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Grow this Spring with Emotional Well-Being


boy reading fox book with grandma

Growing Confident, Caring, and Resilient Kids with Gratitude and Family Routines 

When springtime rolls around, farmers and amateur gardeners alike emerge from their homes to till the earth, plant seeds, give them water, and watch them grow. The practice of cultivating emotional well-being isn’t much different. And while spring isn’t the only time of year we can tend to our health and wellness, the seasonal transition from winter to spring has a way of inspiring us to nurture ourselves—mind, body, and soul.

That’s because springtime is chock-full of exciting happenings. Bears come out from their dens after months of sleepy hibernation. Trees that had shed their last leaves in the fall become dotted with vibrant green buds. Migratory birds return from their winter holiday and fill the air with their sweet songs. It’s as if the world is coming back to life, encouraging us to emerge from the comfort of our own cozy dens so we can join in its chorus of reawakening.

And so, we do. We spend more time outside, stopping to appreciate the colorful bounty of various flowers in bloom. We chase butterflies through fields of emerging green grass, wondering how something so beautiful could have formed inside of something as drab as a cocoon. Our modern lifestyles may have separated us from nature, but we are still very much in tune with its rhythms.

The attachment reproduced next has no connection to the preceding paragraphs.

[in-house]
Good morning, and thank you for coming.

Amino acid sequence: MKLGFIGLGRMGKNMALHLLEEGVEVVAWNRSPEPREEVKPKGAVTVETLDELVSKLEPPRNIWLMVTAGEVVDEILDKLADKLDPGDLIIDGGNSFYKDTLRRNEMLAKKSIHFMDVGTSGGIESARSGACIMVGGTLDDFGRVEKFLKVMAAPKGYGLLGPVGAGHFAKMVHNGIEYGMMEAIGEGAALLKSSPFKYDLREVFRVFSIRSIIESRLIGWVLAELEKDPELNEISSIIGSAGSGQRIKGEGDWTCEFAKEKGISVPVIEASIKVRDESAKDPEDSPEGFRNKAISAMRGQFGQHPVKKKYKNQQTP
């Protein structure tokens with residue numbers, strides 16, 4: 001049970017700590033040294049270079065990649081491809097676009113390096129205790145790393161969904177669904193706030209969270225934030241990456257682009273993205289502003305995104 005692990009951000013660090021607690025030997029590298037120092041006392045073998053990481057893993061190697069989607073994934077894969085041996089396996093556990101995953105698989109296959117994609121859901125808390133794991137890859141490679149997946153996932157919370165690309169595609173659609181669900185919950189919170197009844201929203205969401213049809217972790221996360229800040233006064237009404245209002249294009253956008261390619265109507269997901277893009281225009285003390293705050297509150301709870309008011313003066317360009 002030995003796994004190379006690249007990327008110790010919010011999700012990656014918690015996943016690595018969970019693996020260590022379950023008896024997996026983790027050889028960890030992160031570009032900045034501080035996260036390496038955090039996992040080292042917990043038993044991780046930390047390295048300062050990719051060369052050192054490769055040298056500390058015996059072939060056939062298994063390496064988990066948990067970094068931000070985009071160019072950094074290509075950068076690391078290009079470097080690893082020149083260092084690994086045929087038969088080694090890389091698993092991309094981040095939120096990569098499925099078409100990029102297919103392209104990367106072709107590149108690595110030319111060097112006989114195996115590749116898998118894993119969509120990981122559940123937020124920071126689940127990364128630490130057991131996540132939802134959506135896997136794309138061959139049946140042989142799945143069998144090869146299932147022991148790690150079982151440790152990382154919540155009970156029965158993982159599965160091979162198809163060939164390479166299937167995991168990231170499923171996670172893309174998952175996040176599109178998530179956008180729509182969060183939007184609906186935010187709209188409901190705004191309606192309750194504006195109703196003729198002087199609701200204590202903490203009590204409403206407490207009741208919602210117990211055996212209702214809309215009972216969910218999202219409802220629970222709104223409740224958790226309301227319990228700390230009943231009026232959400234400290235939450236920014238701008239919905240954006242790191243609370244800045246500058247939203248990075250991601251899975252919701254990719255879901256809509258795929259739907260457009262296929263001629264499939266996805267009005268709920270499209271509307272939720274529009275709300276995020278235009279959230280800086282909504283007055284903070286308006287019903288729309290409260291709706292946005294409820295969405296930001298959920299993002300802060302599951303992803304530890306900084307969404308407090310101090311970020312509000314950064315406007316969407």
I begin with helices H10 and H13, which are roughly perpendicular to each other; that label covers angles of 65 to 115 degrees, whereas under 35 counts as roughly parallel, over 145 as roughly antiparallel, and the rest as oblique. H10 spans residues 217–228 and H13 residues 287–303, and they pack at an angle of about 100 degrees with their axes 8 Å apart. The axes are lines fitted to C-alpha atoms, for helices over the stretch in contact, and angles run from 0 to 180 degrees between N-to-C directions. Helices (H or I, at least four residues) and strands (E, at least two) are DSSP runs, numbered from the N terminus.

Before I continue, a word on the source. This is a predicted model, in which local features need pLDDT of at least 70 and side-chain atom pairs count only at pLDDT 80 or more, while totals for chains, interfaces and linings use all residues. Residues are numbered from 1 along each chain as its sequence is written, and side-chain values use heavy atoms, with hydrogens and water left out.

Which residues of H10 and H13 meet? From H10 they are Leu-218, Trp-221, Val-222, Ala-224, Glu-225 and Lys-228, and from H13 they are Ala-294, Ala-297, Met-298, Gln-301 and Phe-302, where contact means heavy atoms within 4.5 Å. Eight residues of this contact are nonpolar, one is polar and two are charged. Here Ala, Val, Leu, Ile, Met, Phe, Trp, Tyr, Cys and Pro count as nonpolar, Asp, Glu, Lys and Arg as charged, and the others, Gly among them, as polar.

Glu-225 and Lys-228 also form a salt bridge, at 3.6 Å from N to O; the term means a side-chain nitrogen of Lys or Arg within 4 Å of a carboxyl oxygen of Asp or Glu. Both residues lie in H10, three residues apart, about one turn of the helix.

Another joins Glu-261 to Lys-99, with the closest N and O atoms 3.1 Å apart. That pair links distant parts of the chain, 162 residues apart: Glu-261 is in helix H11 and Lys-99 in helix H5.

Celebrating Springtime

With so many reasons to celebrate, it’s no wonder that spring is a season of traditions. One of the most widely recognized spring traditions is the observance of Easter. People all over the world celebrate Easter, and the ways in which they do so are as varied as their cultural backgrounds and life experiences. Whether it’s a day for Easter egg hunts, family brunches, religious ceremonies, or all the above, the common threads that run through all these activities the world over is a sense of community and a spirit of gratitude.